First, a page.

The main Bologna reforms have concentrated on the three-cycle degree structure (bachelor, master, doctorate), quality assurance, and recognition of qualifications and periods of study. The Bologna degree structure is generally being adopted; in three-quarters of the EHEA countries, between 70 and 90% of students are studying in programmes that correspond to the Bologna bachelor and master system. The latest Bologna Implementation Report, presented to Ministers in Bucharest, and prepared with the support of the European Commission, concludes that all countries have made significant changes that have enabled the European Higher Education Area to develop. However, progress is uneven, against a backdrop of declining public expenditure on higher education and practical problems persist. Too many students drop out from higher education or graduate without employable skills. Some face barriers in having their academic qualifications recognised in another country and it is taking time for institutions to shift to 'student-centred learning' – where educational programmes are tailored to what students need, and clearly set out what they should understand and be able to do as a result of their studies ('learning outcomes'). In general, higher education is not yet delivering on its potential to stimulate growth.
A number of instruments developed within the Bologna Process are helping to drive the move towards more student-centred systems. The European Credit Transfer and Accumulation System (ECTS) allocates credit points to each part of a study programme, based on the student workload to achieve specified learning outcomes. This makes it more straightforward for students to accumulate credits earned under different programmes, and simplifies the recognition of study abroad in their home institution. The 'Diploma Supplement', attached to a diploma, gives a standardised description of the studies completed – making it easier to understand the content of any diploma, whatever the country in which it was earned. The use of these tools continues to grow and develop, but is not always systematic and shortcomings remain. Problems also persist regarding recognition of qualifications. Despite national ratification of the Lisbon Recognition Convention, a number of countries have not managed to ensure that their institutional recognition procedures comply with the Convention.
Bologna Follow-Up Group
The European Commission is a member of the Bologna Follow-Up Group and its working groups; it supports the Bologna Secretariat and the network of experts on the Bologna Process; it contributes funding for Ministerial meetings and for many reports, conferences and seminars. Many Bologna tools (ECTS, for example) originated in the Commission's Erasmus student exchange programme. The Implementation Report on progress in Bologna reforms, written for the Ministerial Conference by Eurydice, Eurostat and Eurostudent, is supported by the Commission.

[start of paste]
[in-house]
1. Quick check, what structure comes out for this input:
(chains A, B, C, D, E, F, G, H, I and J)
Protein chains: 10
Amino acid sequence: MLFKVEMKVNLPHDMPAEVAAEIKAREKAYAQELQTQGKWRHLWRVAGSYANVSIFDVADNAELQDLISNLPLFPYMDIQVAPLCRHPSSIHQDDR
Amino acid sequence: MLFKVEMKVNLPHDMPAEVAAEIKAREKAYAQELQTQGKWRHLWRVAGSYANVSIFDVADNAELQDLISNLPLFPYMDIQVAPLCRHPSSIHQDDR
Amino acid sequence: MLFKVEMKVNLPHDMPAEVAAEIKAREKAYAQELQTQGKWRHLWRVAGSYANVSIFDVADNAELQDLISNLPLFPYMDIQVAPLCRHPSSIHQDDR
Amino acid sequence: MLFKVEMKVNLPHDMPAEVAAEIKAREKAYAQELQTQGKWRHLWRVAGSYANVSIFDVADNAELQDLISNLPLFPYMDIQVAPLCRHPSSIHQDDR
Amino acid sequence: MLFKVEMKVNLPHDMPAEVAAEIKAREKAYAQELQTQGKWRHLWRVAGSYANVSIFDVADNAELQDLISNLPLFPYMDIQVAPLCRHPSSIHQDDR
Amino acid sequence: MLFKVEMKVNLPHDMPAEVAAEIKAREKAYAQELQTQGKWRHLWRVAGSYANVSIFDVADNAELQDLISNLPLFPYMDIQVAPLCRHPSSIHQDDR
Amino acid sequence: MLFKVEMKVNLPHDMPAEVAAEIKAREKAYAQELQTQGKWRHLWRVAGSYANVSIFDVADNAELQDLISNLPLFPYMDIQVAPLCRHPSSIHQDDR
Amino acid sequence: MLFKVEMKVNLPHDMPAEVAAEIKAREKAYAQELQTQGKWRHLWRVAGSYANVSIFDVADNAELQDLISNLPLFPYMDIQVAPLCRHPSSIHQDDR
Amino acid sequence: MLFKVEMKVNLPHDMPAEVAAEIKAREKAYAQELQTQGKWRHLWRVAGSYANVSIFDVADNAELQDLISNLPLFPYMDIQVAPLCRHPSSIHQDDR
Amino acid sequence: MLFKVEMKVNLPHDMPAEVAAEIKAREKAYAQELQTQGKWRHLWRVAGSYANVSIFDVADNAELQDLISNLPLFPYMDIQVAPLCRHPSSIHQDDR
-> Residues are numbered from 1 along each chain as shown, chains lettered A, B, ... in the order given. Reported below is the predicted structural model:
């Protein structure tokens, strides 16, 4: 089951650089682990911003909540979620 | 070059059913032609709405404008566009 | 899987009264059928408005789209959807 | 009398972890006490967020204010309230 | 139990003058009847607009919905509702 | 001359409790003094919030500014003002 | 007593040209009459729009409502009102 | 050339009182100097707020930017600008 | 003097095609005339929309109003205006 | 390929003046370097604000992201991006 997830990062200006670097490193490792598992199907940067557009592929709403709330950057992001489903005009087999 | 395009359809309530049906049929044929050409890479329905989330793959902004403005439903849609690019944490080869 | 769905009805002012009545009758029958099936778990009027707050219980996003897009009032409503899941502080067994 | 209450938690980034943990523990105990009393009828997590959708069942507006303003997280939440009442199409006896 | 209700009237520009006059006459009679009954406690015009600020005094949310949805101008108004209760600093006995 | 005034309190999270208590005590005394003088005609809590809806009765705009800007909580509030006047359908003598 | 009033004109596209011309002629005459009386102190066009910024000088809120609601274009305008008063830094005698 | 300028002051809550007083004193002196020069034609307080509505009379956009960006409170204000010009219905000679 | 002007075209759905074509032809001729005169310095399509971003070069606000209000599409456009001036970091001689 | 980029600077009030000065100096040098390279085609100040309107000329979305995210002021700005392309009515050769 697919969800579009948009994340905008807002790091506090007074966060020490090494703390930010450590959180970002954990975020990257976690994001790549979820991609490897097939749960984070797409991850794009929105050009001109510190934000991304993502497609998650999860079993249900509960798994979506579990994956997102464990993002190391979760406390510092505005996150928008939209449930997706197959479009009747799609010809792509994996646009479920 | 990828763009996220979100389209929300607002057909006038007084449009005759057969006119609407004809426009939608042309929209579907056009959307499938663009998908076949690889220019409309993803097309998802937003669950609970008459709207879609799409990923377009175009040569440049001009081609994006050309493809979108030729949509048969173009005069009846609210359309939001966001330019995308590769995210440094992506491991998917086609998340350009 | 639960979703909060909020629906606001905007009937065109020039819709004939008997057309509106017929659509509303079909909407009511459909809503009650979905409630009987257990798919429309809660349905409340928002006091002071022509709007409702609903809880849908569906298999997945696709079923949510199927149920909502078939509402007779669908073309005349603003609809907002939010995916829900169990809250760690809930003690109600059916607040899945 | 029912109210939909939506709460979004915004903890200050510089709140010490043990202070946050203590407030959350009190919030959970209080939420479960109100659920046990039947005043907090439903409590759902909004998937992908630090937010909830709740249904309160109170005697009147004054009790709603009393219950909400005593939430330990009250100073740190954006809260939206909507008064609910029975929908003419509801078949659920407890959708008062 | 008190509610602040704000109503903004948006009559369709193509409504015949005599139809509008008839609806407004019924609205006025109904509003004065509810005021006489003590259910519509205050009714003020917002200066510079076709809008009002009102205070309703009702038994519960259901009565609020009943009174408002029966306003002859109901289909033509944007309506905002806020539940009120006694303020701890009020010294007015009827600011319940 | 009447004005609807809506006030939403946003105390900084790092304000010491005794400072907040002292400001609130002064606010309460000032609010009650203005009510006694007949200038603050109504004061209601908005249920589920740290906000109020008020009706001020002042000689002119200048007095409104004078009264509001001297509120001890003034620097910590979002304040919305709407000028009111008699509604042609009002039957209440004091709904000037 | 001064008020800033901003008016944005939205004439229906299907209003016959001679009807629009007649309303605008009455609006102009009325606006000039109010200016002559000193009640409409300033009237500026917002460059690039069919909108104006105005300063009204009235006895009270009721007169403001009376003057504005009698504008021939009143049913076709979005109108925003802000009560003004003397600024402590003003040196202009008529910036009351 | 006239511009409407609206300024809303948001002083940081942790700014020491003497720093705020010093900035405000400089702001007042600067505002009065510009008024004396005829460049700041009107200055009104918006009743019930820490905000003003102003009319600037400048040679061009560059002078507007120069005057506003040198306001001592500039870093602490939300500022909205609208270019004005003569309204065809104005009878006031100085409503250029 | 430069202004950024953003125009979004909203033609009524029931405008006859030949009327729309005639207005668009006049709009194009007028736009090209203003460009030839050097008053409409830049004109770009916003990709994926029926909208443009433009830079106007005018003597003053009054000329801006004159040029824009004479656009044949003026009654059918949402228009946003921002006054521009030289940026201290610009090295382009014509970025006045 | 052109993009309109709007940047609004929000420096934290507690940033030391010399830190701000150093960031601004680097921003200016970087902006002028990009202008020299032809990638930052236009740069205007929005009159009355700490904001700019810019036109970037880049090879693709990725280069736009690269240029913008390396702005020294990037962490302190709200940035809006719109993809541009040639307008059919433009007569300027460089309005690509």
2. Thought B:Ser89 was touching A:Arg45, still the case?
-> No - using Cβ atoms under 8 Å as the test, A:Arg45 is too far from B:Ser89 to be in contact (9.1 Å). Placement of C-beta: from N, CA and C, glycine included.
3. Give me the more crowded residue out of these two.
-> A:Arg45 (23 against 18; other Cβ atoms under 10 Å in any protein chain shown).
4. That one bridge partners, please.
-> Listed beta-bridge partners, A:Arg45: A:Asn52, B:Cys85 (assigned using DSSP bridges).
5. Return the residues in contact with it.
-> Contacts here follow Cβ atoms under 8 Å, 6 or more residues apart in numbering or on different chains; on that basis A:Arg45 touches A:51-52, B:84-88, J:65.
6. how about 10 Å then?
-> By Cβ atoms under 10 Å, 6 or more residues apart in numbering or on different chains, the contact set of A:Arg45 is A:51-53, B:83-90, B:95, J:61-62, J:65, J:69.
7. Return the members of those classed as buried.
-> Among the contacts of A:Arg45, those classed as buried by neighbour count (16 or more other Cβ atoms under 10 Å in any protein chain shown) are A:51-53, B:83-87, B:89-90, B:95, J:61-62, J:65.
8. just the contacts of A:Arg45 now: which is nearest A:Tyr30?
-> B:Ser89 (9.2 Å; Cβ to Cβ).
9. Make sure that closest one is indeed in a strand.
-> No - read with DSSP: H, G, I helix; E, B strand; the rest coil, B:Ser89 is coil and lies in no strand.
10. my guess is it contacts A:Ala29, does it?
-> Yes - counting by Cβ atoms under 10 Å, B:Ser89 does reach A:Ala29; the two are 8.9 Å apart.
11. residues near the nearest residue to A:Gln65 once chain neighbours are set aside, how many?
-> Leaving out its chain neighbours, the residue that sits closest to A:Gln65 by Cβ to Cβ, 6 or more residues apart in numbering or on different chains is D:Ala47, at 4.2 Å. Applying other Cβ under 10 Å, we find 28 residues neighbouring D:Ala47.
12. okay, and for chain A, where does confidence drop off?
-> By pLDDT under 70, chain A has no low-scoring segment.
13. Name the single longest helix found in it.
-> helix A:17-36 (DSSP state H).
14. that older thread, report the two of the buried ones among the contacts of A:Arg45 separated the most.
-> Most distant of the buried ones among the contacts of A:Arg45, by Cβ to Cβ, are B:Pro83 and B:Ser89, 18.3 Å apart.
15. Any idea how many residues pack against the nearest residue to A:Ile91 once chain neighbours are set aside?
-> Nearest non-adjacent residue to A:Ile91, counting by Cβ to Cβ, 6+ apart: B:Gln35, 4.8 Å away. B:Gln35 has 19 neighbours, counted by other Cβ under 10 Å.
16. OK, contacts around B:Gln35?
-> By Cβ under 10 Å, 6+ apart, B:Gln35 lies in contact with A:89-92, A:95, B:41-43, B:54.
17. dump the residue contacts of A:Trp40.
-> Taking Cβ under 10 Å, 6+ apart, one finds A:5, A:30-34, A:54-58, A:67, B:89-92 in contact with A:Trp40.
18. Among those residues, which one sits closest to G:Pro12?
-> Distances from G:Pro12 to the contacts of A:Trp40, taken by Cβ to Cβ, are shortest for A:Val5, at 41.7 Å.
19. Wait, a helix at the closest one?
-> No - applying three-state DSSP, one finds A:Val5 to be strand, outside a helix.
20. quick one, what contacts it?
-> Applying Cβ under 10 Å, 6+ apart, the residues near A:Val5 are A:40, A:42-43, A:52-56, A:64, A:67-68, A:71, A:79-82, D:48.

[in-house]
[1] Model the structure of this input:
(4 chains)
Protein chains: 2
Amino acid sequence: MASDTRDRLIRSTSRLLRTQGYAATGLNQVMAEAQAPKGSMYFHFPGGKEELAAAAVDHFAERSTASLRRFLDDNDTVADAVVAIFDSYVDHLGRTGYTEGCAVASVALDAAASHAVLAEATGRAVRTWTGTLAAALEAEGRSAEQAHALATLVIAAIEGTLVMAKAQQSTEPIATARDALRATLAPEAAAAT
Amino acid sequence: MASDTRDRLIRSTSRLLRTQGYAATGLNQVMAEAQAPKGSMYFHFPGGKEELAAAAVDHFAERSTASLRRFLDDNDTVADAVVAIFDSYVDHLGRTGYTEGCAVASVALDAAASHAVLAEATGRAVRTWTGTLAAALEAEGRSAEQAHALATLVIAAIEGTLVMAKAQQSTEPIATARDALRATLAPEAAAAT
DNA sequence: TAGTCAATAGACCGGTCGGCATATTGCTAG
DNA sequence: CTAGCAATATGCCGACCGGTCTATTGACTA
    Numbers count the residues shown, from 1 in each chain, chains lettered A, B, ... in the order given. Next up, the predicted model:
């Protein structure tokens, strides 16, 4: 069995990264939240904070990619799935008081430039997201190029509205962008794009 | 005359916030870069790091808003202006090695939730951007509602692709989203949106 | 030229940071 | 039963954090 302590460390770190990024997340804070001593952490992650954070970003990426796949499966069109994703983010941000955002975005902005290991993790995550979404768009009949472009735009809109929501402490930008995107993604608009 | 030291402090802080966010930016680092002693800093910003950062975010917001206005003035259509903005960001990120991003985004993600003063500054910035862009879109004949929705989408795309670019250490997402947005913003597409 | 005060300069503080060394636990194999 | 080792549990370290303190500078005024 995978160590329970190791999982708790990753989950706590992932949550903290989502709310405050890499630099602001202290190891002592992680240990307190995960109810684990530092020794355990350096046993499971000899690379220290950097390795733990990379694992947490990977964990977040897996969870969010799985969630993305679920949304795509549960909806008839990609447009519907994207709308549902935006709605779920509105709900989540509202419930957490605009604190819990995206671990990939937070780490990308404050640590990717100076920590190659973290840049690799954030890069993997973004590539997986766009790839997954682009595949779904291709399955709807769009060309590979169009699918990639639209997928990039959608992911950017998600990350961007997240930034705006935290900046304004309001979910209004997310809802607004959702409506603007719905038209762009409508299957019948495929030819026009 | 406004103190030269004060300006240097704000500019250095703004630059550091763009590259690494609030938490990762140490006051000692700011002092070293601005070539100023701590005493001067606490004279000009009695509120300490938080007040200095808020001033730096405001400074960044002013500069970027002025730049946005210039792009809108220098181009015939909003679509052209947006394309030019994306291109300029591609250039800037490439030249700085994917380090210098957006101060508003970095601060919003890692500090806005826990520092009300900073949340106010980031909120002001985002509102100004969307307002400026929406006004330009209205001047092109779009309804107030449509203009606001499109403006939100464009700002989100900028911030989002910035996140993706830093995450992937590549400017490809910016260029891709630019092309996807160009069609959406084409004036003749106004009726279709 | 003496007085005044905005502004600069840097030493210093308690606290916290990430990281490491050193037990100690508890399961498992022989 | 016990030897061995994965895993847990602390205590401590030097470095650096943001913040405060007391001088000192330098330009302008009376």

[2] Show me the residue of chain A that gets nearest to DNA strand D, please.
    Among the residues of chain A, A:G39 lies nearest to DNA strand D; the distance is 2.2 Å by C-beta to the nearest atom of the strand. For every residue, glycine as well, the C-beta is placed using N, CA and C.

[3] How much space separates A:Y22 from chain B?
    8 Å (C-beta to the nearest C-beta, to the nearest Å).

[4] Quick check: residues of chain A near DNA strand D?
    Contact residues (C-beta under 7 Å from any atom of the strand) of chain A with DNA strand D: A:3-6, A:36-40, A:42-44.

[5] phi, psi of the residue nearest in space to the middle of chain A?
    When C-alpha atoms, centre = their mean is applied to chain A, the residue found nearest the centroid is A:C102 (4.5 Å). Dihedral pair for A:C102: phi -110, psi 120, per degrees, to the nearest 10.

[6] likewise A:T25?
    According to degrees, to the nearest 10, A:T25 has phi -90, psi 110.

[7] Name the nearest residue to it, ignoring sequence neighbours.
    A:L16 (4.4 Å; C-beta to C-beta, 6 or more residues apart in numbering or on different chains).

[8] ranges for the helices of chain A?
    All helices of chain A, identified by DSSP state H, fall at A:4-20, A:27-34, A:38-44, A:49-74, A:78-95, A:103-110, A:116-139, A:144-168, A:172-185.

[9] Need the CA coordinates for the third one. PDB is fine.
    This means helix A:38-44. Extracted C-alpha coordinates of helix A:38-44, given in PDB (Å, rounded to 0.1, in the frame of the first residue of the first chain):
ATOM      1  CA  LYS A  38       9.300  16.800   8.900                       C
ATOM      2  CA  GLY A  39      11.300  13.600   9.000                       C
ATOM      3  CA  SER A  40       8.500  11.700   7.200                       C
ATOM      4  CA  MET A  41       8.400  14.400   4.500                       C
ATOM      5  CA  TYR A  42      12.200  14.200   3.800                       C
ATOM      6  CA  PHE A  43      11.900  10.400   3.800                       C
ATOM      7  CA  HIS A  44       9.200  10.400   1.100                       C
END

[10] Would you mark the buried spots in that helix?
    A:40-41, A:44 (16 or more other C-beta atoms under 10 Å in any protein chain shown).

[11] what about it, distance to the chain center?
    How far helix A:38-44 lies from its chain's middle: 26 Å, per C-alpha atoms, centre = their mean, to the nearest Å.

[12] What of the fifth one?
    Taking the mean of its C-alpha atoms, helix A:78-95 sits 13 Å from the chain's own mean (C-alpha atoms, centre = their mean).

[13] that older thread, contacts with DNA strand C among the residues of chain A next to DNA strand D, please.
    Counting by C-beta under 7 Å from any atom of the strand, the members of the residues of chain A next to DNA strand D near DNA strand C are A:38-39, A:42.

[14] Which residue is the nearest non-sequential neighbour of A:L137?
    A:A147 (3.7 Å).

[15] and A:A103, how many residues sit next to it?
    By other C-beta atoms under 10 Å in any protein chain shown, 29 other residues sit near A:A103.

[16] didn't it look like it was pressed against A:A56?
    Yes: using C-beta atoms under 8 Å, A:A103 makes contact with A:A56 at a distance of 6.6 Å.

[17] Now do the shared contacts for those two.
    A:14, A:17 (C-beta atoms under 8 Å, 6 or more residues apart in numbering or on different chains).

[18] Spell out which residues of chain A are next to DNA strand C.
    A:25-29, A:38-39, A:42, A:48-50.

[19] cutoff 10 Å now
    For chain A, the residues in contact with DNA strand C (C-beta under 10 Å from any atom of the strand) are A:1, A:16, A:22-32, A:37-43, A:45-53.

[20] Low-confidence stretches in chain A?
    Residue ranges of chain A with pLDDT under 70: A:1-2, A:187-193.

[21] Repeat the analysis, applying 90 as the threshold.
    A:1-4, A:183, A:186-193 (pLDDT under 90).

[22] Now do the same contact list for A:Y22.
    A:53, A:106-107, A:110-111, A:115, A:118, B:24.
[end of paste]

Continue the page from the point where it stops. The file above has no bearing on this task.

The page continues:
The Commission's modernisation agenda for higher education sets out five key areas for reform – increasing graduate numbers to meet the Europe 2020 target of 40% of young people with higher education qualifications by 2020; raising quality and making higher education more relevant to job needs and societal demands; better quality mobility for study; embedding higher education in the education, research and innovation 'knowledge triangle'; and improving governance and funding. The Bologna Process and the Commission's modernisation agenda reinforce each other.
The Commission supports more intensive exchanges between the EHEA and other countries around the world. It has been influential in setting up the 'Bologna Policy Forum', where EHEA Ministers discuss higher education issues with global partners and which takes place alongside the Bologna Ministerial conference.
The EU also supports capacity-building measures to modernise higher education in 27 neighbouring countries and to bring their systems in line with the Bologna requirements. The Tempus programme, which currently has an annual budget of about €90 million, has since 1990 funded approximately 4000 cooperation projects, involving more than 2,000 universities from the EU and its partner countries. The EU's flagship programme for worldwide academic cooperation, Erasmus Mundus, offers scholarships for Joint Masters and Doctorates for students from any part of the world.